Reader Question: What happens to my state pension if I no longer pay National Insurance contributions?

4 min Read Published: 28 Jul 2011

Get an answer to your financial question online Reader Question:

Under the new taxing code l no longer pay national insurance stamp can you please tell me what happens when l retire. Please can you tell me what happens to the moneys l have paid. ls there a need for me to pay for a stamp now and where do l get the stamp from thank you?

My response:

Judging by your email your question is essentially that you are no longer paying National Insurance Contributions – so what is the impact on your retirement?

For the benefit of other readers, paying National Insurance Contributions (NICs) builds enetiltemt to a state pension, among other things. However, there is a level of income below which you do not even pay National Insurance Contributions (NICs). This is known as the ‘primary threshold’ and for 2011/12 tax year this is set at £139 a week (or £7,225 a year). However, as long as you earn more than £102 a week (or £5,304 a year) you can still build up your entitlement to a State Pension and certain other benefits. This is known as the 'lower earnings limit' (LEL).

But when your earnings fall below the LEL then you won’t accrue any entitlement for State Pension. However, in order to receive the full State Pension you now only have to accrue 30 qualifying years of National Insurance contributions. So not paying NICs for a period of time won’t necessarily mean you won’t receive a full Basic State Pension in retirement.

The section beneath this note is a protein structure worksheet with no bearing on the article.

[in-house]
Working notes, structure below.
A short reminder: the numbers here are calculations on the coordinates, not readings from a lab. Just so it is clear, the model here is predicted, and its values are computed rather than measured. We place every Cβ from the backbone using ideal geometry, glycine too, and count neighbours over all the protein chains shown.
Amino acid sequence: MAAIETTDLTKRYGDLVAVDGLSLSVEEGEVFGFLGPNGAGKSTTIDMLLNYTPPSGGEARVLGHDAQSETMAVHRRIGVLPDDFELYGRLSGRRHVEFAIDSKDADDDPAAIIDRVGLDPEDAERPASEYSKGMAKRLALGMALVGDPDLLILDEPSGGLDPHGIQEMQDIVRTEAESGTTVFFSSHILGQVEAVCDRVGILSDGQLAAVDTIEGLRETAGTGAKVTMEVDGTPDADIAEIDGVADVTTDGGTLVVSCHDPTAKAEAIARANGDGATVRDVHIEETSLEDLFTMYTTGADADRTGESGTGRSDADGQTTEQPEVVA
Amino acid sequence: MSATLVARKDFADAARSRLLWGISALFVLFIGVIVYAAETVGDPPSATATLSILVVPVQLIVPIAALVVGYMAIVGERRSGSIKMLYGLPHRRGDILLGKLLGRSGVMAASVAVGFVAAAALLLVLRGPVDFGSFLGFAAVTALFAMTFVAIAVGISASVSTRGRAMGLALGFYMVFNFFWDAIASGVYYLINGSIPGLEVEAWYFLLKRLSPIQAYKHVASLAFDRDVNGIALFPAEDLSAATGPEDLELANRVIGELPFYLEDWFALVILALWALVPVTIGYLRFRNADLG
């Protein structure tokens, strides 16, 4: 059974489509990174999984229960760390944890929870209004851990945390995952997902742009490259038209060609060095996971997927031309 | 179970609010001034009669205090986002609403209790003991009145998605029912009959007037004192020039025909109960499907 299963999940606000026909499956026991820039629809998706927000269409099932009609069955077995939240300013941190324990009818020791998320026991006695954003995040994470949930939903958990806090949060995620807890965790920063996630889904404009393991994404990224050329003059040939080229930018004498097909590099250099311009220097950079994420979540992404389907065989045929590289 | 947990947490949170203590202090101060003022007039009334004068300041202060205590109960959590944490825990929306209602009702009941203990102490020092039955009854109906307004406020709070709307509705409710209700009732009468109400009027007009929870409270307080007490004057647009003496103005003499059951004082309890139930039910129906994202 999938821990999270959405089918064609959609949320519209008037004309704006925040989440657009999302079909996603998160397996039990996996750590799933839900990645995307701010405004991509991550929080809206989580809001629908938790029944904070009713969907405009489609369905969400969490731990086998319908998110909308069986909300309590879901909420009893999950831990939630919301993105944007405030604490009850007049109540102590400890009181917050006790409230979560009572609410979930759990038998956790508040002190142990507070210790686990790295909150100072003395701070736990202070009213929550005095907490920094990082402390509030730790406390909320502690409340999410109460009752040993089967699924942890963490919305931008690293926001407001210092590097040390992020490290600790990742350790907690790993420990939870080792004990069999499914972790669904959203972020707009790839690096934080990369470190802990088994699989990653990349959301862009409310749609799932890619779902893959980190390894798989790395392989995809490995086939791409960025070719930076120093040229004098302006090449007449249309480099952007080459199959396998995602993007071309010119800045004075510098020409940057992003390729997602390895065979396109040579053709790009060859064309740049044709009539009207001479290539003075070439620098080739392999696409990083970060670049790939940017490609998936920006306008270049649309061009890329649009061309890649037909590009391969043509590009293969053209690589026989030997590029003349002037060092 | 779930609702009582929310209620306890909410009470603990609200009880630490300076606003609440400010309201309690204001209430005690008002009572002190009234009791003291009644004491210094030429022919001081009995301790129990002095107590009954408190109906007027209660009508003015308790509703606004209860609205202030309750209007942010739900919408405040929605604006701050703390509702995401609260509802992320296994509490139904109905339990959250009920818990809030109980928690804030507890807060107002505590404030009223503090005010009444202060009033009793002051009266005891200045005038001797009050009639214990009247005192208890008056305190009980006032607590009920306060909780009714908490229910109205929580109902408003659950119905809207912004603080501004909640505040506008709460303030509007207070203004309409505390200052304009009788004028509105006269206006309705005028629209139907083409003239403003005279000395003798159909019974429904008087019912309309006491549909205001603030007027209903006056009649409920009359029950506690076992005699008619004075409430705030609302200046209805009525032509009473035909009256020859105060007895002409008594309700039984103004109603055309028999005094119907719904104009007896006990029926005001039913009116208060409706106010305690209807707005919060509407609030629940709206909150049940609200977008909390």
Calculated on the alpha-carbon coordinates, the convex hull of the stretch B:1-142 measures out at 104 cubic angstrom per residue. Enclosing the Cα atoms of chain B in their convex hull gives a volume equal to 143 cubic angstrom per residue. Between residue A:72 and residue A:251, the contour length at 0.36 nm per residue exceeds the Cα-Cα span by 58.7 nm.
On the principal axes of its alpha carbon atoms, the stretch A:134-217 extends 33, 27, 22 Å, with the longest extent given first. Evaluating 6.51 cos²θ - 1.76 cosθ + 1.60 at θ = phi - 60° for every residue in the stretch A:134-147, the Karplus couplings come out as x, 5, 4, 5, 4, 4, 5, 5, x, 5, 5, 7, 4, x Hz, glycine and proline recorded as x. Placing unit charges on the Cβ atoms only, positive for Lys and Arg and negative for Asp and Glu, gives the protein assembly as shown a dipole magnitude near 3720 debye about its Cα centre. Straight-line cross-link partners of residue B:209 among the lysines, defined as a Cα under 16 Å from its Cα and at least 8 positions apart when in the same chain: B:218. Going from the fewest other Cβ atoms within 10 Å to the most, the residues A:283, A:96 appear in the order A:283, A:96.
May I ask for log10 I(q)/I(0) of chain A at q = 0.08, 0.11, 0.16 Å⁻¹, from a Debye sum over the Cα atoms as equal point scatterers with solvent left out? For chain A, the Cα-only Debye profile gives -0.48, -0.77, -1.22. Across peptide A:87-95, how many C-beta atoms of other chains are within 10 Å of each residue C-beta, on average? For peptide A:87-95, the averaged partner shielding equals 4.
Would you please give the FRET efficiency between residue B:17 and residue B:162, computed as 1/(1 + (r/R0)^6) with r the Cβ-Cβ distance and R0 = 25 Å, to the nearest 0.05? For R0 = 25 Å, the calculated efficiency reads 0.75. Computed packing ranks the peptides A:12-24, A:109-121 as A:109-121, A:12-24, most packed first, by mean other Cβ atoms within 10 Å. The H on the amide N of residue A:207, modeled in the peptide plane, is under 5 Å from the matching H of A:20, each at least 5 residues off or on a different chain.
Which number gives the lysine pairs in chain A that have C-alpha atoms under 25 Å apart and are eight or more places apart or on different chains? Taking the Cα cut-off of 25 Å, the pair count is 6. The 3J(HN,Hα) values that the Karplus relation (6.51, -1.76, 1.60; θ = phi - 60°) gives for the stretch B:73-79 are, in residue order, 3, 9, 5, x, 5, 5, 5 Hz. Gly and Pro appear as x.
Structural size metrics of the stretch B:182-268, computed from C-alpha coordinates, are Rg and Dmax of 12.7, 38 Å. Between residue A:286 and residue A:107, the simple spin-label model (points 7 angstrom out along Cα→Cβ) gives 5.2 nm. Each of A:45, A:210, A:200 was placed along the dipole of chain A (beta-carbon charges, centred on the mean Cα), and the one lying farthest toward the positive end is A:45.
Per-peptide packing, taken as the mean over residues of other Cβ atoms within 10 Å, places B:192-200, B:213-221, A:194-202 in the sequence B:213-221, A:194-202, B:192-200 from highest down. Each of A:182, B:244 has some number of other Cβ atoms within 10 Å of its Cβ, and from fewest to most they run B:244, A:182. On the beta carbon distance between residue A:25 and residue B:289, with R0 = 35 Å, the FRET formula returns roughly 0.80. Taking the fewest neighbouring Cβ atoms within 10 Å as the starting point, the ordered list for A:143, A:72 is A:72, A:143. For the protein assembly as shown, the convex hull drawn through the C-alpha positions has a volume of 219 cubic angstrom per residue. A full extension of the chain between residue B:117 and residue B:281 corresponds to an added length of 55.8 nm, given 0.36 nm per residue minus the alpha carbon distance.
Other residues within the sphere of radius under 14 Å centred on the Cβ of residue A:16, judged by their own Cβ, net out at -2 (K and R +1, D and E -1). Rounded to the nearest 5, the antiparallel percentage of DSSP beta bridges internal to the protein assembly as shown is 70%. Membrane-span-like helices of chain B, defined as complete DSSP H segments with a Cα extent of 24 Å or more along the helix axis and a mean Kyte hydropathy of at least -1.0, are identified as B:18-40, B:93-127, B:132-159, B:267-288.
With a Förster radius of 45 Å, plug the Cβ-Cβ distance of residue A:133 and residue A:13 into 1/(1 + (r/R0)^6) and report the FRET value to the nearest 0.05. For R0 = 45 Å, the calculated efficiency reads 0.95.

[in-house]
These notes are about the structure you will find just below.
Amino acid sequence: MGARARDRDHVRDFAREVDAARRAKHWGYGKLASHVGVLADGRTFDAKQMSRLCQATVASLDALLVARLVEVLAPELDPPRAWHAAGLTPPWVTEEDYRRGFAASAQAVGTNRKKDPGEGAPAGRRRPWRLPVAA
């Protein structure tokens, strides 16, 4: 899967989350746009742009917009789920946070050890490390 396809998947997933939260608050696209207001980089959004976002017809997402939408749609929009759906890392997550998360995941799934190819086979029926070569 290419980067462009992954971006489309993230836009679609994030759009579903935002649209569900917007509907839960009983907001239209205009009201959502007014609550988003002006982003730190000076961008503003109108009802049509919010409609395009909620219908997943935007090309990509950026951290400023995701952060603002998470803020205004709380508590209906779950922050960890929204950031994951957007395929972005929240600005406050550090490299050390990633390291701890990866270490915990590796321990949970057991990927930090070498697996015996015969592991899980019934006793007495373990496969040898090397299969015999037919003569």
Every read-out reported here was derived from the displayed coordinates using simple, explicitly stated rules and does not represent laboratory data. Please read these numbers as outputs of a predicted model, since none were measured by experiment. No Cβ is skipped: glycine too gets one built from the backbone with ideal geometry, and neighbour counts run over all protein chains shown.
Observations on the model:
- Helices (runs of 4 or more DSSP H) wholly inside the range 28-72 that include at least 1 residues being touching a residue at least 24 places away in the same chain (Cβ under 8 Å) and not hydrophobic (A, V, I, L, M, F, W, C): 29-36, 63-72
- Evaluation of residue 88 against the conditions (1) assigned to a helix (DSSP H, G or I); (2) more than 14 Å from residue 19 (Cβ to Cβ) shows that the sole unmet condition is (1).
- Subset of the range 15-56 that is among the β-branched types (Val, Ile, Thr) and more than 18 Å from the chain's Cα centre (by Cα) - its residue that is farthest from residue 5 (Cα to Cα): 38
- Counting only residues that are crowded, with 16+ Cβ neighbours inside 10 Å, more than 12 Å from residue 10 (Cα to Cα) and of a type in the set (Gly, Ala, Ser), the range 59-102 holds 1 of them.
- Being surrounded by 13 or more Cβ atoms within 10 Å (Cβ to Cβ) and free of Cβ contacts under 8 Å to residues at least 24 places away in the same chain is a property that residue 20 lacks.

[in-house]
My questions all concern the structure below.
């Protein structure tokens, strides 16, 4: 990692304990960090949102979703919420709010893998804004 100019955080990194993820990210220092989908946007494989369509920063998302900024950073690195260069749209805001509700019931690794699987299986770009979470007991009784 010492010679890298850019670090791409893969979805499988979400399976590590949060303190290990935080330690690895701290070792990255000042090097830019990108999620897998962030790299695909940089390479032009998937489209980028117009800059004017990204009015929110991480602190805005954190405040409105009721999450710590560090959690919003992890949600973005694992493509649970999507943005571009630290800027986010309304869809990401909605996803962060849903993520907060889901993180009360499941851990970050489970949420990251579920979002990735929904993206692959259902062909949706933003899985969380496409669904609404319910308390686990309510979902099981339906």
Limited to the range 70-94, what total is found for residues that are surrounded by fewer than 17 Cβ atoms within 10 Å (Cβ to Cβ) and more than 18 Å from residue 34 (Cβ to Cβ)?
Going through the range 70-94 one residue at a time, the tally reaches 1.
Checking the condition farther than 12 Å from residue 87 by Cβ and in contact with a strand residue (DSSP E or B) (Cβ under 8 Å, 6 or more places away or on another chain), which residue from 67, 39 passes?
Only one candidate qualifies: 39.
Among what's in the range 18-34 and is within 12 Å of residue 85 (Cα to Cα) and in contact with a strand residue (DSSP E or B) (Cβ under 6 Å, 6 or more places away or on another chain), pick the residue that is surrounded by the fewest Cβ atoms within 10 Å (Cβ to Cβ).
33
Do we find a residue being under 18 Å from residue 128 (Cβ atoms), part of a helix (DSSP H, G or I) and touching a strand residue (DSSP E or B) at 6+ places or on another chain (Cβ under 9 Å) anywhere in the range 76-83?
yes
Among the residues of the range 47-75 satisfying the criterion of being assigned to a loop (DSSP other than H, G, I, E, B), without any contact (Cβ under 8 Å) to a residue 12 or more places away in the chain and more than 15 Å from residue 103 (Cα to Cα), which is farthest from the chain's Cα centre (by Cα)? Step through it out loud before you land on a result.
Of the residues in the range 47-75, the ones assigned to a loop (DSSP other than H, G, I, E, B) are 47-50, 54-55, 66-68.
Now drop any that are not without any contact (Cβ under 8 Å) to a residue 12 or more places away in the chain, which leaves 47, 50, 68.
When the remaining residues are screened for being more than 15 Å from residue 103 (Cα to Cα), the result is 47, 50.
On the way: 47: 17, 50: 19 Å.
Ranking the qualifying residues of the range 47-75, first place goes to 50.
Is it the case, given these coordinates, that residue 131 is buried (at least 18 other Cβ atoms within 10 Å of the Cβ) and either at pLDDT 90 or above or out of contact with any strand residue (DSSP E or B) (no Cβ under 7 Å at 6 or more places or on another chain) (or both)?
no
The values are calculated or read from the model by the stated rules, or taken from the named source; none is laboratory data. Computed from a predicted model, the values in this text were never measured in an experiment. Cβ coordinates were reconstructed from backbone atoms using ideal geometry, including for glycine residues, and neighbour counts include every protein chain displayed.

One other thing to point out is that depending on your personal circumstances you may not build up an additional State Pension.

As for the NICs you’ve already paid, nothing happens to them as they are simply credited to your National Insurance record. But given your concerns over your retirement it is possible to find out how much State Pension you may be entitled when you come to retire, not only so you can plan financially but so you can take action if your State Pension is likely to be less than expected.

This can be done by obtaining a State Pension forecast. A state pension forecast gives you detailed information on what you might receive when you reach State Retirement age. The forecast will estimate both your basic State Pension as well as any additional State Pension (S2P).

Fortunately the State Pension forecast also includes information on how to improve you basic State Pension. You can get a forecast online, by telephone or by post.

Best Wishes

Damien

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